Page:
At midnight last night, the U.S. Supreme Court allowed a law banning nearly all abortions in Texas to go into effect, almost completely cutting off access to abortion care in the second-largest state in the country and signaling serious trouble for the Roe v. Wade ruling that legalized abortion nearly 50 years ago.
The law bans abortion after 6 weeks, a clear violation of the Roe v. Wade ruling that legalized abortion up until the point of viability. Anti-abortion lawmakers in numerous states have passed similar legislation over the past few years, but this is the first time such a law has been allowed to go into effect rather than being blocked by the courts.
The U.S. Supreme Court had until midnight last night to act on an appeal made against the law to prevent it from taking effect, but ultimately did nothing. Though it still may act to block the Texas law at some point, the court’s decision to let the law take effect signaled a lack of interest in upholding constitutional abortion rights and provided insight into how it will rule on the upcoming Dobbs v. Jackson Women’s Health Organization case, which presents a direct threat to Roe.
It’s a scenario that advocates in Colorado have been preparing for by shoring up access to reproductive health care and fighting abortion restrictions here. With abortion inaccessible in Texas, patients in desperate situations will turn to states like Colorado for care, and providers and advocates say they’re ready to help.
“The first and most urgent message I have for Texas patients, Texas providers, and all those who will be impacted by this draconian law is this: We stand with you, and we are here for you,” said Vicki Cowart, President & CEO of Planned Parenthood of the Rocky Mountains (PPRM), in a press statement. “Here in the Rocky Mountain region, our health center doors are open to anyone who seeks high-quality, compassionate health care, no matter where they live.”
The Texas law also contains a unique twist that is designed to freeze efforts from advocates to help people get care. Unlike previous bans, it allows private citizens to sue abortion providers or anyone who so much as helps someone get an abortion and grants them a reward of at least $10,000 if they win the lawsuit, essentially creating an abortion bounty hunt in Texas.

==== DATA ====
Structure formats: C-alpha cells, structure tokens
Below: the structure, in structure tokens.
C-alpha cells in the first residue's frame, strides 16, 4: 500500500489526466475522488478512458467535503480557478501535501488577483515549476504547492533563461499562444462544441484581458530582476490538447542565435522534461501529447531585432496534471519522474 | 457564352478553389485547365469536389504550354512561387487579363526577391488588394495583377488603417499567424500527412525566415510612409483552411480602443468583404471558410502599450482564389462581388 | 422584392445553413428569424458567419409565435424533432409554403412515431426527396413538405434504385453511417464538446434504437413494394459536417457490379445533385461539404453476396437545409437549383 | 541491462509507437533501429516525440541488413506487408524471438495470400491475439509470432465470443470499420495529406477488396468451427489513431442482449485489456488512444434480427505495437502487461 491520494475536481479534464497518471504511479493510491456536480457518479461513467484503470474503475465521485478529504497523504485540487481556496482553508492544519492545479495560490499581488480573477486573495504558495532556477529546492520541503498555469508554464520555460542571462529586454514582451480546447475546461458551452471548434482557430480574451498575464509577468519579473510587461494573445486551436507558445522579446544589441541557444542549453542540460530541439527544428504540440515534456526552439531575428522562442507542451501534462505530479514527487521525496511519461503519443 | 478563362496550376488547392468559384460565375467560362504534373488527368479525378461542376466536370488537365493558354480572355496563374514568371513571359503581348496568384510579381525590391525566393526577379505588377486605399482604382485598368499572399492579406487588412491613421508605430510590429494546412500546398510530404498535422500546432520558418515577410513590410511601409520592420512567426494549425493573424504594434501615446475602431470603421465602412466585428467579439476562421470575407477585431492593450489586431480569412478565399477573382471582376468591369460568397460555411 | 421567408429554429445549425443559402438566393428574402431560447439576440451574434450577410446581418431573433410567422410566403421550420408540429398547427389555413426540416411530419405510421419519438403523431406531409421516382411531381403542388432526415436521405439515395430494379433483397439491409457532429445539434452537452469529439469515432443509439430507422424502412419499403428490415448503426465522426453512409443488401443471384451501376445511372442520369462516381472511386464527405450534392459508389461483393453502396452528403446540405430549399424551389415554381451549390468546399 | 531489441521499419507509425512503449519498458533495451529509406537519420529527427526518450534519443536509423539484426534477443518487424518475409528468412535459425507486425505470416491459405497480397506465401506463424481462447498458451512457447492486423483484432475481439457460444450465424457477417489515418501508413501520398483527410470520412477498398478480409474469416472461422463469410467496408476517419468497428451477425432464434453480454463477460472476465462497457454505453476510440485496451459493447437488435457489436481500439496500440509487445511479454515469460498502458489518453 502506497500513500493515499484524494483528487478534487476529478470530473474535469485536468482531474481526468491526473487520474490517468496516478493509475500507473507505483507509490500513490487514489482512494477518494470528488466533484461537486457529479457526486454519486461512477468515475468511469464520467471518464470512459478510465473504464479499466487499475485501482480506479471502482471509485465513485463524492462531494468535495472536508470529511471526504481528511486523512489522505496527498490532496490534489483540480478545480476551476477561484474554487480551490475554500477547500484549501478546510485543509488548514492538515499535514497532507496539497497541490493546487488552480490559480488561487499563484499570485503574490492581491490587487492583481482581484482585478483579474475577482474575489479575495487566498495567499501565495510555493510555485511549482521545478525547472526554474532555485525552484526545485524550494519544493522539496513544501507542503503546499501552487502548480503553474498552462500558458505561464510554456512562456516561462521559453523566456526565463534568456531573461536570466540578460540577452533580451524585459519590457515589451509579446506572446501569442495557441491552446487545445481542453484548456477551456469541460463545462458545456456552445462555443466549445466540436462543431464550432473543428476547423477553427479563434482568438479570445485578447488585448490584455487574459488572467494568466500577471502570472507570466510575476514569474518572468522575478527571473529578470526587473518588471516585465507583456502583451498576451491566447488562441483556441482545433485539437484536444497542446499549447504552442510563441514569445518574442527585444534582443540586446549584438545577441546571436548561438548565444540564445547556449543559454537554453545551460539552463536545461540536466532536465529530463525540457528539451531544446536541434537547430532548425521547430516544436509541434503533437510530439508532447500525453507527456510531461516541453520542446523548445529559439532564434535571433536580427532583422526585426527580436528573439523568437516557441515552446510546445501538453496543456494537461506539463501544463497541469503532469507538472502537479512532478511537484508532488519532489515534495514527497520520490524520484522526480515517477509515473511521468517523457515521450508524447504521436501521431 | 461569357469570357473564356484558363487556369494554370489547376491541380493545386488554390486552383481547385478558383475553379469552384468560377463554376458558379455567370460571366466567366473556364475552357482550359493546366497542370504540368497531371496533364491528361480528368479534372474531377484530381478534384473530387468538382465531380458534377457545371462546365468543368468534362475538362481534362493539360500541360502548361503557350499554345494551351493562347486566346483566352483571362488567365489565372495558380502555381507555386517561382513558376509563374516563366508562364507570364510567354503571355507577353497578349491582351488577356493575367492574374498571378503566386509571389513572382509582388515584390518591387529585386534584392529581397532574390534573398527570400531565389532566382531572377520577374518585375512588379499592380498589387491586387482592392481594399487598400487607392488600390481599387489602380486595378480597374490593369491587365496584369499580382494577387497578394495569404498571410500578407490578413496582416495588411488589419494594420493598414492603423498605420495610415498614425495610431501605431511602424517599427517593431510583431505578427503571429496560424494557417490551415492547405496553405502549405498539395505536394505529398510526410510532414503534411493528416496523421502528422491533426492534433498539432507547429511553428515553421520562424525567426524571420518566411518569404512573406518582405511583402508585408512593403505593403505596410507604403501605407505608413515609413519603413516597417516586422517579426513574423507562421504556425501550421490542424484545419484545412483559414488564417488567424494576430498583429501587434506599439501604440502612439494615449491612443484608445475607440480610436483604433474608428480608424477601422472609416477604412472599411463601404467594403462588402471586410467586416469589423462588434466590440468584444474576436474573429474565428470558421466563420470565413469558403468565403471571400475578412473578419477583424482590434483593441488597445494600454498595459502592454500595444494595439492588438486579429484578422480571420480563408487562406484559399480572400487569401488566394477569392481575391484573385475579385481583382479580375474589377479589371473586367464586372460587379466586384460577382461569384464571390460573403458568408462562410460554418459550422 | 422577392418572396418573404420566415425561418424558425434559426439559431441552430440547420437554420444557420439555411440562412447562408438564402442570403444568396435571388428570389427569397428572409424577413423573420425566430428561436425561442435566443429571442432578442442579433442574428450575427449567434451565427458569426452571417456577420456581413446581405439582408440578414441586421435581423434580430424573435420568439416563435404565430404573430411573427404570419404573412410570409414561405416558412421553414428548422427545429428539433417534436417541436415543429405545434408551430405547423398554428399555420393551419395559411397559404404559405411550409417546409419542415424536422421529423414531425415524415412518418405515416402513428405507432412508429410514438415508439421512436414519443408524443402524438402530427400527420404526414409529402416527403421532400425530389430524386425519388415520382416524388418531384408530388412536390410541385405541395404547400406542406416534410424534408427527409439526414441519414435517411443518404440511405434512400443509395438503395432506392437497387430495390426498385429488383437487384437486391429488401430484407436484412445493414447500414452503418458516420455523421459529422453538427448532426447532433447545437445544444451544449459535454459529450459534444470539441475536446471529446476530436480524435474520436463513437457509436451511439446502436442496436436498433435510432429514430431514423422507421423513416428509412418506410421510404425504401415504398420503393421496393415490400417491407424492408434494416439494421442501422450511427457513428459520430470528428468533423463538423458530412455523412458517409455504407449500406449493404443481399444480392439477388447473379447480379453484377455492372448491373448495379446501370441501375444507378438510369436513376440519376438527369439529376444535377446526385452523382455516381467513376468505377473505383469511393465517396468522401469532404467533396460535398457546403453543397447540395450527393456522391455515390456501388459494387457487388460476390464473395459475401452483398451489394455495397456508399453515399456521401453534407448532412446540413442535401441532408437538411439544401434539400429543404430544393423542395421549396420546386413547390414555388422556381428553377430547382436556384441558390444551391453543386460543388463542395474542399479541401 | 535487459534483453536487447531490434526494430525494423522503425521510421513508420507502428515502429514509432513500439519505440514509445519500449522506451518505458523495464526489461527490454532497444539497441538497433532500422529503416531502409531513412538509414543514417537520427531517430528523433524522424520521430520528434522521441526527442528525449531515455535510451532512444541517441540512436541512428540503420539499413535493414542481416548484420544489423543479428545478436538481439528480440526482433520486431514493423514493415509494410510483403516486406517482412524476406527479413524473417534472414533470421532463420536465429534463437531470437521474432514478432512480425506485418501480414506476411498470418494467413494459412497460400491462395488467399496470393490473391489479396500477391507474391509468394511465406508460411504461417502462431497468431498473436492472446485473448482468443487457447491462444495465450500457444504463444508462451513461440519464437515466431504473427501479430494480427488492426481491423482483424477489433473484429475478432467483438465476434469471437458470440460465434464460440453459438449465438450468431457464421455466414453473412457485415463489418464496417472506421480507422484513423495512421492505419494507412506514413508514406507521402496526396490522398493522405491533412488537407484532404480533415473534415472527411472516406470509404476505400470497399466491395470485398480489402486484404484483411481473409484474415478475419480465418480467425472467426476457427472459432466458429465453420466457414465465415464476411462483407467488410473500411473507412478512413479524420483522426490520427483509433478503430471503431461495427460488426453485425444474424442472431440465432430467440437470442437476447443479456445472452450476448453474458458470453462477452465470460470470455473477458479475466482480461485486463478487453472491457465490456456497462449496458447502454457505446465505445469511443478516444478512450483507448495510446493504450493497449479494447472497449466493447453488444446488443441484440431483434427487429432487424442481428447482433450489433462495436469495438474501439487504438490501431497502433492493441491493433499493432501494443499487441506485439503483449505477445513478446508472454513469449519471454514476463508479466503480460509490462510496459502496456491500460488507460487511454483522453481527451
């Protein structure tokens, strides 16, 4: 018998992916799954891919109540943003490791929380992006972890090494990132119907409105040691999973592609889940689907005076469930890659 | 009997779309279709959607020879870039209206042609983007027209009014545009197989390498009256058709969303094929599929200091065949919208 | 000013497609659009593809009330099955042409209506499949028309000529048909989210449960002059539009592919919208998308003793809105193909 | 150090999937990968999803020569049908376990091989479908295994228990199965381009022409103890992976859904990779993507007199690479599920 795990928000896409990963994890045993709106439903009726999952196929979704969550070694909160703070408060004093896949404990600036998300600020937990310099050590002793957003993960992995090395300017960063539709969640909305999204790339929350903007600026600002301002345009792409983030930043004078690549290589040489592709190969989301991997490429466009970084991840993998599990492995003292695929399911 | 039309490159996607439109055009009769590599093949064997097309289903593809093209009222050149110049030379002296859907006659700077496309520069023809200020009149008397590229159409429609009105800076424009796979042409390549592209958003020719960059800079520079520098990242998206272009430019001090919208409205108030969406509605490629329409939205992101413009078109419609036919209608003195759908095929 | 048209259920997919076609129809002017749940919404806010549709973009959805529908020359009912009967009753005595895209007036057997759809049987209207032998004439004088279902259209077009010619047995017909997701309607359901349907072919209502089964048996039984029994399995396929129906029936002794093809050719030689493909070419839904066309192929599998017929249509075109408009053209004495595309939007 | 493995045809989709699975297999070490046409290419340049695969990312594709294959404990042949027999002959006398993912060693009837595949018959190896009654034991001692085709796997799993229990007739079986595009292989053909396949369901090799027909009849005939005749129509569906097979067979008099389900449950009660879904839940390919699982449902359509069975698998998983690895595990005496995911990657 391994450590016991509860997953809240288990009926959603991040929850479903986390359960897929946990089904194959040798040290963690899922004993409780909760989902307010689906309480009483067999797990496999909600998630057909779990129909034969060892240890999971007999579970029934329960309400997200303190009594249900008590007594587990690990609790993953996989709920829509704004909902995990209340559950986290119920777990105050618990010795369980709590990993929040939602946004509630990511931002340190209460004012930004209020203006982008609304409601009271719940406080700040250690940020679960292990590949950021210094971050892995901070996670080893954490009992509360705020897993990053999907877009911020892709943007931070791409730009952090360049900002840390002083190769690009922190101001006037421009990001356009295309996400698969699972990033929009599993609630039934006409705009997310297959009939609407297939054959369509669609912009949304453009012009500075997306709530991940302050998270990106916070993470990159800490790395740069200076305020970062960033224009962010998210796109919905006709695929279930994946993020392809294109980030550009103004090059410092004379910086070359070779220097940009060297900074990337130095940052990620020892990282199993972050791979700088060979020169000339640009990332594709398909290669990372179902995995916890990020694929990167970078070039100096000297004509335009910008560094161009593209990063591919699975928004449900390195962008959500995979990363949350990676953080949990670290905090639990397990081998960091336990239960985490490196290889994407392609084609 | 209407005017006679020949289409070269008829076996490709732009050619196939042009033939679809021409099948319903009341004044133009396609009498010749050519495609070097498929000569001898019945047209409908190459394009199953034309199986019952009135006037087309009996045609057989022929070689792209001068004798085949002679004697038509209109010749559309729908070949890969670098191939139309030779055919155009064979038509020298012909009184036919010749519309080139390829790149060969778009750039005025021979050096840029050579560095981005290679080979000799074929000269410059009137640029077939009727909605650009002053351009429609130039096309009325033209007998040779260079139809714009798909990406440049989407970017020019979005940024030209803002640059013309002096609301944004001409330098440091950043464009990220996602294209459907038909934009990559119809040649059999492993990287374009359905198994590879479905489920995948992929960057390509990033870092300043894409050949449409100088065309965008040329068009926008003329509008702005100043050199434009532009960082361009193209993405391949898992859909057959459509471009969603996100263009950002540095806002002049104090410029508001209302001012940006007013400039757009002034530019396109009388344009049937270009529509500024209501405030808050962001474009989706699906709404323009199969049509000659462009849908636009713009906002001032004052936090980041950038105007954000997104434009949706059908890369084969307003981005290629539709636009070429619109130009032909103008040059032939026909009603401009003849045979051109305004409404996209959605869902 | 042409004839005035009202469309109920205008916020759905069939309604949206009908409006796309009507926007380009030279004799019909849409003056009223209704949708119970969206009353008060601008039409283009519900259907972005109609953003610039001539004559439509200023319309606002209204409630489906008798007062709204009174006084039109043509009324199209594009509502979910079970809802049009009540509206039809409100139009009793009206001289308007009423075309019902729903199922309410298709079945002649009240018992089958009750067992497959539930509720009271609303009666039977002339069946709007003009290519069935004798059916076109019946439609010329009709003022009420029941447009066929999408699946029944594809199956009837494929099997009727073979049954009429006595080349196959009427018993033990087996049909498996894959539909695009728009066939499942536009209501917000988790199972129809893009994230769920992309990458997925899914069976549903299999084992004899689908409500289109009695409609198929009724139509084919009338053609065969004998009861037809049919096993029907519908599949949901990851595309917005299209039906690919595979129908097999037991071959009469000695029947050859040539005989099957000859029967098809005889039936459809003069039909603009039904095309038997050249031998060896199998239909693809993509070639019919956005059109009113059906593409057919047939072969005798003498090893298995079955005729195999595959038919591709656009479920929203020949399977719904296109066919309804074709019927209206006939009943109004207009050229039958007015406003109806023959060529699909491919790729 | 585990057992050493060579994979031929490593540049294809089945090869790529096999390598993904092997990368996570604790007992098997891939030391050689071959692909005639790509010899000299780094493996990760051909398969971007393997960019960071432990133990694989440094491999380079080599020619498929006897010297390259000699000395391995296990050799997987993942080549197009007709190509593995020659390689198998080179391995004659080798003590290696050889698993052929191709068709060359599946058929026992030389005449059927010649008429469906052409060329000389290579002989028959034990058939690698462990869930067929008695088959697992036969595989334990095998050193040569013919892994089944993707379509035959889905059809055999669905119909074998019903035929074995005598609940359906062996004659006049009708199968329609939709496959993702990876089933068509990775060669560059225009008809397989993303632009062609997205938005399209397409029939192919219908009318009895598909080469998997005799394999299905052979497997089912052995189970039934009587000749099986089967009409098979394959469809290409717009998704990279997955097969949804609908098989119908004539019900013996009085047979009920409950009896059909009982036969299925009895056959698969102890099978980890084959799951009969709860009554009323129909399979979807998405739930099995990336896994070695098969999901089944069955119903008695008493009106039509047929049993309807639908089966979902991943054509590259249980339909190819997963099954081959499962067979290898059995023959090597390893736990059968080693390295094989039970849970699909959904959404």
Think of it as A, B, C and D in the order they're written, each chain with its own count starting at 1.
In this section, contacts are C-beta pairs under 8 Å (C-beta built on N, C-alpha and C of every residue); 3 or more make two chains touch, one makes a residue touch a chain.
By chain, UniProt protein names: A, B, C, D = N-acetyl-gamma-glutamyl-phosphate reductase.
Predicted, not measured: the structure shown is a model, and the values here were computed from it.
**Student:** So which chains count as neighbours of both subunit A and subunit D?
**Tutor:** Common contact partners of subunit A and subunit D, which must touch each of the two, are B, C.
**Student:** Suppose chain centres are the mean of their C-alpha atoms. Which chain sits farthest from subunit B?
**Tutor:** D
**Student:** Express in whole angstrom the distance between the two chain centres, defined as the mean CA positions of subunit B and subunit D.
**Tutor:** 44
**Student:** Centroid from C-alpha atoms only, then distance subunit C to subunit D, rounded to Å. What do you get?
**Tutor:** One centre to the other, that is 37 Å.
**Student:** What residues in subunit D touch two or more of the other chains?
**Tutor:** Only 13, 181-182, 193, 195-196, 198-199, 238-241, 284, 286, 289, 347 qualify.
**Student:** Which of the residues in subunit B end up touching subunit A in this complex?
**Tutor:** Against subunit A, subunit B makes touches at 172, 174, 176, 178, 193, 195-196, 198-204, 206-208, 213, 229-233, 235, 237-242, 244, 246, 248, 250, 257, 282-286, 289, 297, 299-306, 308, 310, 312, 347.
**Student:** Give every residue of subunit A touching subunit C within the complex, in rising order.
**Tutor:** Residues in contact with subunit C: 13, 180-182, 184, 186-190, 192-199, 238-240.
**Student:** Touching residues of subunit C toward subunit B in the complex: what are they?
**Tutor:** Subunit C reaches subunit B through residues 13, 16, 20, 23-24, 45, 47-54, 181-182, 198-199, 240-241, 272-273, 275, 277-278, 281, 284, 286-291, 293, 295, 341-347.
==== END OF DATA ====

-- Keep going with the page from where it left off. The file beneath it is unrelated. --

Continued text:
Cowart said this “isolates patients by placing their entire support network in potential legal jeopardy.”
“It’s extreme, cruel, and stands in stark contrast to the strong support the vast majority Americans have for abortion care in this country,” she said.
“The Supreme Court and the federal appeals court letting SB 8 stand represents a threat not just to patients and providers in Texas but to the Constitutional right to abortion across the country,” said Karen Middleton, President of the local abortion rights advocacy organization Cobalt, in a press statement. “Despite the best efforts of politicians who are trying to ban abortion altogether, we at Cobalt are still here, ready to help.”
Middleton said Cobalt is ready to help anyone who needs abortion care get it in Colorado by mitigating financial and logistical barriers through their abortion fund, trying to address the predictable outcome of an abortion ban in which the rich have access but others do not.
“The Cobalt Abortion Fund exists for this reason – to ensure people who need abortion care can access it,” she said. “We have stepped up before and we will now, for Coloradans and anyone from any state. In addition to helping clients pay for abortion care in Colorado, the Cobalt Abortion Fund can also assist patients with practical support such as gas cards, groceries, hotel stays, and transportation. And we intend to do so.”
Due to a lack of restrictions on abortion in Colorado, many people already come to the state for abortion care. With Roe in serious jeopardy, abortion mostly illegal in Texas, and anti-abortion lawmakers in every state as emboldened as ever (this year, more state-level abortion restrictions were passed than ever before), Colorado’s status as an abortion rights safe haven is all the more critical.